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She is confronted not just by ghosts she can see, but the ghosts in her past, and the dark pasts of her two new family members. Crimson Peak is a slow-burning, beautifully rendered ghost story, Del Toro showcases his talent for style and substance.


Humankind has been locked into battle with giant creatures known as Kaiju, who rose from the sea decades ago and have proven relentless in their assault. To combat them, giant robots called Jaegers were made to be piloted by two people connected by a neural bridge. Humanity’s only hope is a washed-up pilot and a rookie teaming up to do battle using one of the most famous Jaegers of all.

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Full of big stars and familiar Del Toro cast members, Pacific Rim is a dazzling science fiction film that combines Del Toro’s love of creatures with action-adventure. It also spawned a sequel, though not directed by him.


Nuada in Hellboy 2 Golden Army

In the much-anticipated sequel to Del Toro’s Hellboy, Hellboy II: The Golden Army chronicles humanity’s resistance to the mythical world when a dark elf decides to break the pact that kept the worlds of mythology and reality separate. Hellboy and his team of supernatural superheroes are recruited to save humankind from the elf prince and the Golden Army that threatens to wipe out humankind.

Del Toro and his cast turned down multiple opportunities for other films to dedicate themselves to this sequel, and it boasts some of the most dazzling examples of Del Toro’s visual styling to date.


Arguably the film that put Guillermo Del Toro on the map for most American audiences unfamiliar with his Mexican-American horror films, Hellboy told the story of a demonic superhero raised by Nazis who ultimately uses his powers to fight the forces of darkness. He works for the Bureau of Paranormal Research along with other supernatural creatures to defend humankind from evil.

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Praised for its witty dialogue, attention to detail, and special effects, Hellboy showcased Del Toro’s unique creative vision as it pertained to the superhero genre, forever securing it a place of prominence among all superhero movies that came after it.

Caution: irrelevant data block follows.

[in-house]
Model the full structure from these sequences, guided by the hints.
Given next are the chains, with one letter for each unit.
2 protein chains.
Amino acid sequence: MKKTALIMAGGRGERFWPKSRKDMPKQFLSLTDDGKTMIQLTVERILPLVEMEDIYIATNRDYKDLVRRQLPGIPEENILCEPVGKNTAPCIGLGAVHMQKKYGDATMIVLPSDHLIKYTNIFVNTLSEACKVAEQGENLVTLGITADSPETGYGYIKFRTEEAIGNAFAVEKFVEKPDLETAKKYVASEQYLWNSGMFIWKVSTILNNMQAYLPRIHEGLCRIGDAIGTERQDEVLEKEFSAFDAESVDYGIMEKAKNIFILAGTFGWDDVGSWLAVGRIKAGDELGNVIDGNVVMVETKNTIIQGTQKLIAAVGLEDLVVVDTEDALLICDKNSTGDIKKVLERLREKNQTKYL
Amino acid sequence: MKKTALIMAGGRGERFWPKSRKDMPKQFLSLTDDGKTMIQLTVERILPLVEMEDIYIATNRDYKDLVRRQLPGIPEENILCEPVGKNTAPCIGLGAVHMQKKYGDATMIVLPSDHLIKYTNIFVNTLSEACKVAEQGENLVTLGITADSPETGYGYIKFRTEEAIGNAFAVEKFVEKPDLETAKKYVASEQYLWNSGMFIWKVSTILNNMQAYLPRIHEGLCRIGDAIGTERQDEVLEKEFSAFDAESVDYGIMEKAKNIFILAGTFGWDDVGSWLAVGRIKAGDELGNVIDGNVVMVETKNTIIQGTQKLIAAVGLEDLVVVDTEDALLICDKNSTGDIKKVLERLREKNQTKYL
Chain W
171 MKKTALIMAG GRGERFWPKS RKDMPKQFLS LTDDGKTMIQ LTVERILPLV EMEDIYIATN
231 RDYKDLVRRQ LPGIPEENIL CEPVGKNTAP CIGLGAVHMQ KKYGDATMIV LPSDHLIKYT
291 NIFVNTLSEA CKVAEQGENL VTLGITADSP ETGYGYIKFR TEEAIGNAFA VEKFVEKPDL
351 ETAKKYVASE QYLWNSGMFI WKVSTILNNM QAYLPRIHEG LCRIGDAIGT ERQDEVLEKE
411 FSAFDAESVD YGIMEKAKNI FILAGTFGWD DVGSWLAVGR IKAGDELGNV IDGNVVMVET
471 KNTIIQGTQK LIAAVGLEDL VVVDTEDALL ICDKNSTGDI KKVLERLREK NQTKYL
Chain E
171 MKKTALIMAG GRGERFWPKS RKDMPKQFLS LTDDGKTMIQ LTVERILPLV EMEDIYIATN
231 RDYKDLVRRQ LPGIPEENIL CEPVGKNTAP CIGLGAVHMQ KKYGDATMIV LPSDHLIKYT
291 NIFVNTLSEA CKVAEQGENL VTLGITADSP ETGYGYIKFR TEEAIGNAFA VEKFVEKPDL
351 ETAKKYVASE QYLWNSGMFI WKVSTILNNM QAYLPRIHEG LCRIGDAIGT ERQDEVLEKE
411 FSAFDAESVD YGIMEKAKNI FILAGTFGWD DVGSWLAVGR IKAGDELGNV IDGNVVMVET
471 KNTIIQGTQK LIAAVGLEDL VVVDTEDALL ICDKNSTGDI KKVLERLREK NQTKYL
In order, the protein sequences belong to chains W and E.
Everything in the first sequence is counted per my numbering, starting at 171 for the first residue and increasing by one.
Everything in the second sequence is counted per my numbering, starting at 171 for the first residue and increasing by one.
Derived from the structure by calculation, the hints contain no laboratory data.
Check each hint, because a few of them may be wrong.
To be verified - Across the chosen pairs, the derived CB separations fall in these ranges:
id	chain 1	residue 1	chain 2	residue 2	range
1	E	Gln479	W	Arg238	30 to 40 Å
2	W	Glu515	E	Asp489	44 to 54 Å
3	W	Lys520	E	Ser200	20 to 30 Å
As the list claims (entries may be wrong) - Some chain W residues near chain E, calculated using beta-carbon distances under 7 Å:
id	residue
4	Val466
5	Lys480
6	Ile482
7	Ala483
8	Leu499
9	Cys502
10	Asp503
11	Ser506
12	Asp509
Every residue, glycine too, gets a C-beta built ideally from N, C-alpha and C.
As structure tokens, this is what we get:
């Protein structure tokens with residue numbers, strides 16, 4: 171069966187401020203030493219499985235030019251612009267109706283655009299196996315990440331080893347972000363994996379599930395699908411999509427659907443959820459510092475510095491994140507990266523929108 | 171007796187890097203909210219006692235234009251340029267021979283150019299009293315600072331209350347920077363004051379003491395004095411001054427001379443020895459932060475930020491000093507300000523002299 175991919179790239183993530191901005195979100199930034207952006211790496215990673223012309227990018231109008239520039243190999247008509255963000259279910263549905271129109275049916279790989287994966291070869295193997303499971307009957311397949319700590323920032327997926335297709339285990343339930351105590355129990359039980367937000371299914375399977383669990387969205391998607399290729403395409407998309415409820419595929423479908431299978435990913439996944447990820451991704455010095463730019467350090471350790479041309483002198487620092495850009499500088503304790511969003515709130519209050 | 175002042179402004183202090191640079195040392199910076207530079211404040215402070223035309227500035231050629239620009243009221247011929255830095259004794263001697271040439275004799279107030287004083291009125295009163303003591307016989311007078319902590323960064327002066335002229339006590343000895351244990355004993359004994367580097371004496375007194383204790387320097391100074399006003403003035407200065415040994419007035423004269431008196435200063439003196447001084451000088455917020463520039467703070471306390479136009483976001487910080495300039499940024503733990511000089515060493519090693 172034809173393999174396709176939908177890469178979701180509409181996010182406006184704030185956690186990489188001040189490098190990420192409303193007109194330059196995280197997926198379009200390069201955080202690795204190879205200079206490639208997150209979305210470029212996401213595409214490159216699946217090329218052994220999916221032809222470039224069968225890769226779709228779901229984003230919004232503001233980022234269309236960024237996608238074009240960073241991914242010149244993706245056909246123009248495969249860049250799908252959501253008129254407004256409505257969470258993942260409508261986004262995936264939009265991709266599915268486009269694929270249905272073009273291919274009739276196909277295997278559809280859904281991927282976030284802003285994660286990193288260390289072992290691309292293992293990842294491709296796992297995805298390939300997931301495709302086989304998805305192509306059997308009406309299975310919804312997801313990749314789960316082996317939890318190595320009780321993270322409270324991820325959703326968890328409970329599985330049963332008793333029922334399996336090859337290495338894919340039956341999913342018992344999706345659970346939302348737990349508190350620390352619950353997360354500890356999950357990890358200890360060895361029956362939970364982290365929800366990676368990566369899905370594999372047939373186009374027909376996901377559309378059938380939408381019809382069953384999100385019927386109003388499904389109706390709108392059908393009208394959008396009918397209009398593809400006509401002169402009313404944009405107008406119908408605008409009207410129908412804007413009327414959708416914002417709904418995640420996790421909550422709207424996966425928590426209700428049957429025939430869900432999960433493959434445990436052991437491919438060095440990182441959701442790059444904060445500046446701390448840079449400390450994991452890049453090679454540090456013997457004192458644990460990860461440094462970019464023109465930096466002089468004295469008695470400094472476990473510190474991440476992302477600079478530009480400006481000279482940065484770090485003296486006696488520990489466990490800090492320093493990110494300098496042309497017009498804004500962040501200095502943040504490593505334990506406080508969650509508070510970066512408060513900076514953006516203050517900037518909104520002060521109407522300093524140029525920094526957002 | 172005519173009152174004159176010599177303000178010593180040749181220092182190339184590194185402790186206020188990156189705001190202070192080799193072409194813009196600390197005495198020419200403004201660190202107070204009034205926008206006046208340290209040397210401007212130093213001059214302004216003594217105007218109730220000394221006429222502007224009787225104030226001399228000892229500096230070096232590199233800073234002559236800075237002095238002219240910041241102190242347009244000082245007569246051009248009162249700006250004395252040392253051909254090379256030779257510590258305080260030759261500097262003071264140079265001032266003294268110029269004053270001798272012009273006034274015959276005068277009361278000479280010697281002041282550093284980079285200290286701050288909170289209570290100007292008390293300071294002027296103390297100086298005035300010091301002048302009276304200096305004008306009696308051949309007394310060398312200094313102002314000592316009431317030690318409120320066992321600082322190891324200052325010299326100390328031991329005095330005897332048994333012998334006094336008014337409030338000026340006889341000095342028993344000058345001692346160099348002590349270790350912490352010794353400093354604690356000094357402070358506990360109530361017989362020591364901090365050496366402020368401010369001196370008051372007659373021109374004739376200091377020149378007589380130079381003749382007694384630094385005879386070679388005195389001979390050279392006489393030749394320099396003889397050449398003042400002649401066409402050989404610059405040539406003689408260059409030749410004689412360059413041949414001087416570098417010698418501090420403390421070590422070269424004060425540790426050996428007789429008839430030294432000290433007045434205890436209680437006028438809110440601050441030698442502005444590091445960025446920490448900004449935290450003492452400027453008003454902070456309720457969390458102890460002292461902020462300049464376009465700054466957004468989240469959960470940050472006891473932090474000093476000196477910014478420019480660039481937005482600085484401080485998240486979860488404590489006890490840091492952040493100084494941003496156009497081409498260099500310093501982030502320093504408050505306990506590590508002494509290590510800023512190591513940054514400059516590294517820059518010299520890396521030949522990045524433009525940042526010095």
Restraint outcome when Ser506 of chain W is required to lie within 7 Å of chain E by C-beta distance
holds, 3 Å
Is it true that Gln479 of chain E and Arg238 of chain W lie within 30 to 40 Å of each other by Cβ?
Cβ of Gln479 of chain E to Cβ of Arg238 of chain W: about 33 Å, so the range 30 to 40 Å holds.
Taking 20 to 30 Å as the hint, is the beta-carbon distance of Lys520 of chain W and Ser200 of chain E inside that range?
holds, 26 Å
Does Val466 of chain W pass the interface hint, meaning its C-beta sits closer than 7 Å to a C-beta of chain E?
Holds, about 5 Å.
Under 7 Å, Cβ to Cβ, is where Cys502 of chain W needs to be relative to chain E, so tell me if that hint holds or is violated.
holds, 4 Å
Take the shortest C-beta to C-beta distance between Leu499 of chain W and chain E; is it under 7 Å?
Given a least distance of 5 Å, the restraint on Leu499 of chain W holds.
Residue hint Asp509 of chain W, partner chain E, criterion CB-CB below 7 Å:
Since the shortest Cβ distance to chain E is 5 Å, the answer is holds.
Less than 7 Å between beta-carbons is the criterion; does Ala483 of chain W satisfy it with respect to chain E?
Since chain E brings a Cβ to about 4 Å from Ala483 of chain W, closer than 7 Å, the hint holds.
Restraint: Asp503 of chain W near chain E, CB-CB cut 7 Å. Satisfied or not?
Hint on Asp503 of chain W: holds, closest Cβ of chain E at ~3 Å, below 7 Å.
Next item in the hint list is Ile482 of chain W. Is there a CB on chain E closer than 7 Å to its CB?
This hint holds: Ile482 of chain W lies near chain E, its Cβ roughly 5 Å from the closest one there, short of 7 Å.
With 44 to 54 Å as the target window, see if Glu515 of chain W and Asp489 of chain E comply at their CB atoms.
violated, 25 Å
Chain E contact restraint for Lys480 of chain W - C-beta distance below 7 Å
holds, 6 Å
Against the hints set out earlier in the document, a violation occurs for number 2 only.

Ivana Baquero as Ofelia and the Faun in Pan's Labyrinth

Pan’s Labyrinth is part fairytale and part mystery. It focuses on Ofelia, the young stepdaughter of a cruel captain in the Spanish Army. Preferring fairytales to the drudgery of her real life, Ofelia encounters real magic when an old faun in the center of a labyrinth informs her that if she can complete three tasks, she will be reunited with her real father and declared the princess of his kingdom.

The acting, art direction, and special effects all combine to make a film that seamlessly blends the harsh realities of life with the cosseting rapture of fairy tales. It is considered one of Del Toro’s best works.


The Shape of Water Has Fish/Human Sex Scene

Set during the Cold War era at a top-secret government facility, a mute woman who works cleaning the laboratories happens upon an incredible discovery. A classified experimental weapon of war turns out to be an amphibious man who has been pulled from the Amazon River where he was worshiped as a god. Her time with the creature turns into something deeper, and her growing love for him inspires a rescue mission.

The Shape of Water is hailed as a triumphant love story that combines horror and beauty in a way previously thought incompatible. It garnered a series of Academy Award nominations and won for Best Picture in 2018.

NEXT: Pan's Labyrinth is Still Guillermo del Toro's Best Movie